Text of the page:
According to the conventional methodology, three zones are defined for the fouling index and for the actions to be taken in each zone:
This conventional methodology selects, as a synthetic indicator, a value obtained from combining a number of databases using for each one an “experience based” weighting factor.
To establish confidence in the “fouling index”, researchers need to acquire empirical data to provide a basis for discerning between various results. Without this data, the index is not a meaningful basis for conducting decisions on spending economic resources to remedy identified problems.
To accomplish this evaluative process accurately, the “fouling index” for many plants, for various points in time, must be calculated. For each of the plants, researchers need to correlate operating experiences (measured in terms of operating and maintenance cost, or onset of corrosion, or power loss, etc.) with the index. Assuming there is a correlation, the index would then be meaningful.
There are several defects with this type of methodology for evaluation of steam generator assets and the methodologies to be used to protect those assets. First, the conventional methodology is not clear as to what basis is used to change the weighting factors or fouling index action levels. For example, it is unknown what type of fouling index would trigger use of the techniques for cleaning and how such cleaning techniques would renormalize other indices.
It is also not clear how variables, such as the measurable variables (see Table 1), for the last tubesheet lancing indicator are aggregated to obtain the values for that process. The current methodologies do not account for introducing another measured characteristic variable, such as the proportion of the tubesheet cleaned during sludge lancing, and, if so, how would these variables be combined for the overall last tubesheet lancing indicator variable.
The conventional methodology does not disclose or suggest the capability of replacing any variables with “equivalent variables”. For example, it could be desirable to use final feedwater oxygen flow in evaluative calculations instead of a hydrazine ratio. Additionally, the conventional methodology does not discuss using a net deposit inventory for any evaluative purposes.
The conventional methodology does not account for pressure margin reduction or power loss variables, significantly impacting evaluative analysis. The conventional methodology is also too rigid. Introduction of new measurements or elimination of variables that have no reliable history are not addressed. There is no provision for renormalization of the measurement weighting factors required to maintain the validity of the required action trigger levels.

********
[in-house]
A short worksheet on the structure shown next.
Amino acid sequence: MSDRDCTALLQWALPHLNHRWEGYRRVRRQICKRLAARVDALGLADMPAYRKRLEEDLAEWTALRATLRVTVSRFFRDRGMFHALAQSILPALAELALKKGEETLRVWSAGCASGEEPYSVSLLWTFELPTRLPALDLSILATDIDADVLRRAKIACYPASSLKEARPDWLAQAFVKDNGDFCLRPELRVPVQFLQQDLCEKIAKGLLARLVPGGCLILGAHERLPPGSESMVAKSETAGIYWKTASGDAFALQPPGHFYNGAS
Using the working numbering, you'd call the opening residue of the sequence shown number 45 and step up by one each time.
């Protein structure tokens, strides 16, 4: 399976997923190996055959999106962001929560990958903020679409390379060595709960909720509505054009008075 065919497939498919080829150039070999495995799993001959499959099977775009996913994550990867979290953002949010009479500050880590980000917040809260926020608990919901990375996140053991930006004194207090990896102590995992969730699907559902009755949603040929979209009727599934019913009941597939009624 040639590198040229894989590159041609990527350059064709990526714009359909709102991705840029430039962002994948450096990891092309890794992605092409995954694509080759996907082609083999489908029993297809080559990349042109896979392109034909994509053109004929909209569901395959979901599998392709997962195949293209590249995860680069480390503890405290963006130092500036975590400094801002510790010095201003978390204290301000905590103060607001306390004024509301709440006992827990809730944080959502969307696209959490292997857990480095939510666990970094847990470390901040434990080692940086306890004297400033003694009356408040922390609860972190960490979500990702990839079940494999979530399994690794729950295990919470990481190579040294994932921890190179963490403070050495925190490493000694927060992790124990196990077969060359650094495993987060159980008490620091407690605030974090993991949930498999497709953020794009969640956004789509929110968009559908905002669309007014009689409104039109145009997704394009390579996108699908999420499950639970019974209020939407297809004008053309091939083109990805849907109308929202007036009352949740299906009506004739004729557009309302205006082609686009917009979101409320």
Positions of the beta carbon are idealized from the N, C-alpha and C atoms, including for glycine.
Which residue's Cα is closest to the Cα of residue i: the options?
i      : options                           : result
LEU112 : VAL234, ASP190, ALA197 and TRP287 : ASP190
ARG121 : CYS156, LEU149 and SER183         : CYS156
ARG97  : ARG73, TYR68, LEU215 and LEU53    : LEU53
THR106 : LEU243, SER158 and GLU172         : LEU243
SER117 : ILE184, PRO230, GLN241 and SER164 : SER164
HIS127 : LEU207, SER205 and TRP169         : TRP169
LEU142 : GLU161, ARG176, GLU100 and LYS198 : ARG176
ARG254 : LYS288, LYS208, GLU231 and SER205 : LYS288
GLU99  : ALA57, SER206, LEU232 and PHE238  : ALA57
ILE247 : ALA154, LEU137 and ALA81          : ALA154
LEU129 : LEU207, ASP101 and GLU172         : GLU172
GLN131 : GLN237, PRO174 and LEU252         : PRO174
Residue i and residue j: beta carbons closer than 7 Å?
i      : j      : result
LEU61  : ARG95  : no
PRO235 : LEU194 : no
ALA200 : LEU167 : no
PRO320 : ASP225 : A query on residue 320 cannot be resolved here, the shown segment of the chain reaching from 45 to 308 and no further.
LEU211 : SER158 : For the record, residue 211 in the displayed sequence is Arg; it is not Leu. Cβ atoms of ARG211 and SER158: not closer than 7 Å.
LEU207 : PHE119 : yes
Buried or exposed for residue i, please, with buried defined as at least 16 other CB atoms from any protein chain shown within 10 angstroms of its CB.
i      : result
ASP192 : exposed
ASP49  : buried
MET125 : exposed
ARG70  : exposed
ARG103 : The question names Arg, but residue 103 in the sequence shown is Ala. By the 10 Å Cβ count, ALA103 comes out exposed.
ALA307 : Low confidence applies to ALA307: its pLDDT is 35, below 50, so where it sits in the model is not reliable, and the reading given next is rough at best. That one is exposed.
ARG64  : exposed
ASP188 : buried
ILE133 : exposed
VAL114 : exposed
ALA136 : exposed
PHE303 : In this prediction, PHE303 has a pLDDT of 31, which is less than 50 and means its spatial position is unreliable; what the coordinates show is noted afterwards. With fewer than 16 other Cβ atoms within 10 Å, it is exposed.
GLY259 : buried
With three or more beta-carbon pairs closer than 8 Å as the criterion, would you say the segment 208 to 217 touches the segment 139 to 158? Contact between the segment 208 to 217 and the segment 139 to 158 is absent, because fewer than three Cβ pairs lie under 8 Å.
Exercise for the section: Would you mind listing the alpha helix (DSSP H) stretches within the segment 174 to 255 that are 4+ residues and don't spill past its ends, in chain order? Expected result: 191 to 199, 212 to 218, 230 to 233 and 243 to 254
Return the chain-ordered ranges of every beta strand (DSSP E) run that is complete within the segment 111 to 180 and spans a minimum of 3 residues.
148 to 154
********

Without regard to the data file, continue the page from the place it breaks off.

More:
There is therefore a need to provide a methodology to account for pressure margin reduction or power loss variables to allow proper analysis of nuclear steam generator condition and corrective action alternatives.
There is also a need to provide a methodology that will allow for renormalization of measurement weighting factors to maintain the validity of required corrective action trigger levels for nuclear steam generators.
There is also a need to provide a methodology that will allow the introduction of other measured characteristic variables for evaluation, rather than having a static set of evaluation parameters.
It is therefore an objective of the present invention to provide a methodology to account for pressure margin reduction or power loss variables to allow proper analysis of nuclear steam generator condition and corrective action alternatives.
It is also an objective of the present invention to provide a methodology that does not rely on arbitrary weighting factors to maintain the validity of corrective action trigger levels.
It is a further objective of the present invention to provide a methodology that will allow the introduction of other measured or derived characteristic variables for evaluation, rather than having a static set of evaluation parameters.
The objectives of the present invention are achieved as illustrated and described. The present invention provides a method to determine corrective actions for nuclear steam generators, by modeling the heat transfer behavior of deposits on the heating surface of the nuclear steam generator, choosing a set of maintenance alternatives for the steam generator, using the model parameters to predict future power production levels under the various maintenance alternatives, calculating one or more of a net present worth, internal rate of return and a payback period of the set of maintenance alternatives, and initiating the maintenance alternative with a lowest economic cost as compared to the maintenance alternatives with higher economic costs based upon the one or more of the net present worth, internal rate of return and payback period. The model parameters, including the B-base fouling factor, describing the heat transfer of said deposits may be derived analytically through an analysis of nuclear plant thermodynamic parameters and secondary side deposit inventory mass. The confidence level associated with the derived parameters may be increased by removing one or more deposit samples from a heating surface of the nuclear steam generator, determining one or more of a thermal resistance of the deposit, thickness of the deposit, a porosity of the deposit, and a tortuosity of a steam channel in a deposit layer on the heating surface.